Air Wolf

Wolf Hound

by Rachel Willis

Three American fighter jets are shot down in France by Nazi pilots flying British Royal Air Force planes. One pilot, Captain David Holden (James Maslow) sets off on a mission to save his fellow soldiers.

Director Michael B. Chait, working from a screenplay by Timothy Ritchey, starts with an interesting hook, but fails to hit the right mood with World War II action-adventure, Wolf Hound.

The most exciting and tense moment of the film happens right in the beginning, as our American heroes face off in the air against the Nazis. Amazing stunt work and great visual effects set up a promising film. Unfortunately, the air battle gives way to a one-man rescue mission à la Rambo.

Captain Holden’s foil comes in the form of Nazi Captain Rolf Werner (Michael Wayne Foster). Each pilot has a vendetta against the other, but where Werner is obsessed with Holden, the American is focused on the rescue.

Films sometimes fail to strike the right tone, and that’s the case with Wolf Hound. At times, the movie wants to tackle serious subject matter, but it often embraces high action-adventure. The score emphasizes tension in one moment, then shifts rapidly to melodrama. It leaves you wondering whether to laugh or scoff. A particularly strange scene that sets torture to the sounds of a recorder had me doing both.

Lending to the high-adventure feel is the stereotypical characterization of Nazis. These soldiers are villains, with no shades of grey, no sense of camaraderie, and no qualms about their many war crimes. One even uses his fellow soldier as a shield during a shootout. Villainous, indeed. But also pretty dull with nothing to distinguish one from another.

Much of the action is admittedly exciting, which distracts from the recycled story elements. With little downtime between action sequences, the film moves, even with a runtime of over two hours.

If Chait had managed to strike a better balance or had fully embraced the adventurous elements, Wolf Hound might have been more compelling. Instead, it’s an uneven mix that relegates the one component that sets it apart to little more than a gimmick.

Screening Room: Top Gun: Maverick, The Bob’s Burgers Movie, Dinner in America, Montana Story & More

Delicious and Nutritious

Dinner in America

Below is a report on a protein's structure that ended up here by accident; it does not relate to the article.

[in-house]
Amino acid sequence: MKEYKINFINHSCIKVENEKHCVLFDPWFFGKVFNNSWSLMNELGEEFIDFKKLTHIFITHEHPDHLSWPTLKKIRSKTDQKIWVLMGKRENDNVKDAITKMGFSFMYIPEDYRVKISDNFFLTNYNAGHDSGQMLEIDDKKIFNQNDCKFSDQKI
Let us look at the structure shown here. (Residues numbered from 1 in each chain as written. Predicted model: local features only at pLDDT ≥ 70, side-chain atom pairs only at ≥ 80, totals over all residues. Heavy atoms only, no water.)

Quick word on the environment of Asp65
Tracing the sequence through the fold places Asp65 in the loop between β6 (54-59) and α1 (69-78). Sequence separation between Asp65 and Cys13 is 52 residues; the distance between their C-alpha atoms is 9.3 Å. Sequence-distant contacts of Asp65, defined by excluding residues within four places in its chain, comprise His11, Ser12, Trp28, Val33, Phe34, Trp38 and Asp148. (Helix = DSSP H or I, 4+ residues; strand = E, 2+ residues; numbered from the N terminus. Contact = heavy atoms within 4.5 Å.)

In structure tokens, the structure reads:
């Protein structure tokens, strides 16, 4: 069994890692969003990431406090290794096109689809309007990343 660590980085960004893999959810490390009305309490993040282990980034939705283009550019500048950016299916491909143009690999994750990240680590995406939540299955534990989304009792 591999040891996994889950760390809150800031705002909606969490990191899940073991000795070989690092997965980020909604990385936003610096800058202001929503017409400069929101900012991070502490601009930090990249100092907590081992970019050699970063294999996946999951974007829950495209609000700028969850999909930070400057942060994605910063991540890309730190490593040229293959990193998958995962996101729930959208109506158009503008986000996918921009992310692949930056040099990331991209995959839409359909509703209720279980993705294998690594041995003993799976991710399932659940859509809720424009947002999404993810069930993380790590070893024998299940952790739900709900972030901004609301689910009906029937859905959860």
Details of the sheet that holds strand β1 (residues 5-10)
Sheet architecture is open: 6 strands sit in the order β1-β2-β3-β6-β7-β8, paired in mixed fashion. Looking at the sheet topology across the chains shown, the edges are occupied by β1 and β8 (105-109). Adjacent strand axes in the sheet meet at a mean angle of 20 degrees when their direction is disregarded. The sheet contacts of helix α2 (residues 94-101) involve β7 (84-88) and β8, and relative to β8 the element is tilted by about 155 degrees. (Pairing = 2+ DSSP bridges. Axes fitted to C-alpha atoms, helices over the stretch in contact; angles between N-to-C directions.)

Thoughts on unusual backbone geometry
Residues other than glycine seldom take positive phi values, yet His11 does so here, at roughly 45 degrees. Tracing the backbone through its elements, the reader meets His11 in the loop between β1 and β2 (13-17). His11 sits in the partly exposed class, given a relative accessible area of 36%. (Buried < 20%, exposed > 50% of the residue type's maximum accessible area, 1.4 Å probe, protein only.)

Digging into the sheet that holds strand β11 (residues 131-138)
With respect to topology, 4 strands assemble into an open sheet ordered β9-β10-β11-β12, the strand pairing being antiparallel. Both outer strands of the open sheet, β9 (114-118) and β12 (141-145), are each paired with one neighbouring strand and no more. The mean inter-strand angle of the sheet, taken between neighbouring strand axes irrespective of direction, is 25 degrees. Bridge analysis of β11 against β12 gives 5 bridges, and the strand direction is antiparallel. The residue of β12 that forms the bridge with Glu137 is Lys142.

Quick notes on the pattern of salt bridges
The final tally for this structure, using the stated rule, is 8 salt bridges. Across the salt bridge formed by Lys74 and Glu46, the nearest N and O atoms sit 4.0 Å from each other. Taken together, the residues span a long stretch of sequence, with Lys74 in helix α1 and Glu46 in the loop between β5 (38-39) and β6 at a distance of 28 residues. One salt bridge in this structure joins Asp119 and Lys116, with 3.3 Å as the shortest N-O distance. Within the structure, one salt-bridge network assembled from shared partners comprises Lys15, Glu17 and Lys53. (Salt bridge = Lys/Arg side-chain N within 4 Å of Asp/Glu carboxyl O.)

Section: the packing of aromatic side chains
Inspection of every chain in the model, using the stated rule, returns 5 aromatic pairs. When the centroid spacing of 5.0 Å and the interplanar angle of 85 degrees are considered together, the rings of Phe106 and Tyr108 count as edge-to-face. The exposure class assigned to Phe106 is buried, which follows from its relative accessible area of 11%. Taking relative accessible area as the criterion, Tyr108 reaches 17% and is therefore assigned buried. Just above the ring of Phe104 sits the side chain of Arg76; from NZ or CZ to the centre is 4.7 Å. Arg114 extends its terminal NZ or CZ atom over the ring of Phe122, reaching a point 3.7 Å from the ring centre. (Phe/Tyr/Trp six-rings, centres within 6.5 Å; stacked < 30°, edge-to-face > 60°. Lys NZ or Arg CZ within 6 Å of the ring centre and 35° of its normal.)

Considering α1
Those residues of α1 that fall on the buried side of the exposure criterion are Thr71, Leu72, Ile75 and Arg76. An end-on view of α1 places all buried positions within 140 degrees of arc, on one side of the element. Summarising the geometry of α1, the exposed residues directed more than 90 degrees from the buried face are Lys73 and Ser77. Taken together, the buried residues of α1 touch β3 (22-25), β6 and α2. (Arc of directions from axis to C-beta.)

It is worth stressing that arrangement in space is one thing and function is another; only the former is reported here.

by Hope Madden

It’s not often you watch a film about a fire starting, drug dealing, lying man on the run from police and his romance with a woman with special needs and think, this is delightful.

But it is. Dinner in America is a delight.

Writer/director Adam Rehmeier delivers an unexpected comedy, sometimes dark, sometimes broad, but never aimless. Simon (Kyle Gallner, remarkable) is a punk rocker hiding from the cops. Patty (Emily Skeggs) is a 20-year-old punk rock fan who lives at home and isn’t allowed to run appliances when she’s alone.

Their stories collide, but by that time Rehmeier and his cast have crafted memorable, believable characters with their own fascinating worlds. Where they go together becomes a little unnerving at times, but Dinner in America surprises with warmth as often as it does with profanity-laced edginess.

Rehmeier’s film calls to mind other misfit romances — Buffalo 66, Eagle v Shark — but sidesteps cliché at every turn. More importantly, or at least delightfully, it embraces the punk rock ethos rather than seeing a coming-of-age opportunity to grow out of it.

Gallner’s magnetic. Whether stalking through suburbia or surrendering to love, he delivers buzzing vitality and surprising depth. Skeggs offers a brilliantly unselfconscious counterpoint. Her awkward, endearing performance is an absolute blessing.

A top-to-bottom impressive ensemble including Pat Healy, Mary Lynn Rajskub and Lea Thompson buoy the central performances. Rehmeier’s sharp yet somehow tender script doesn’t hurt, offering startling opportunities for castmates to shine.

By the time the film digs into its musical numbers, you’re already hooked. In a nice turn of events, the songs are absolutely worth the wait.

Rarely does a film feel as genuinely subversive and darling as Dinner in America, the punk rock rom-com you never knew you needed.

Mission Accomplished

Top Gun: Maverick

by Hope Madden and George Wolf

Sentimental, button-pushing and formulaic, as predictable as it is visceral, Top Gun: Maverick stays laser-focused on its objective.

Attract crowd. Thrill crowd. Please crowd.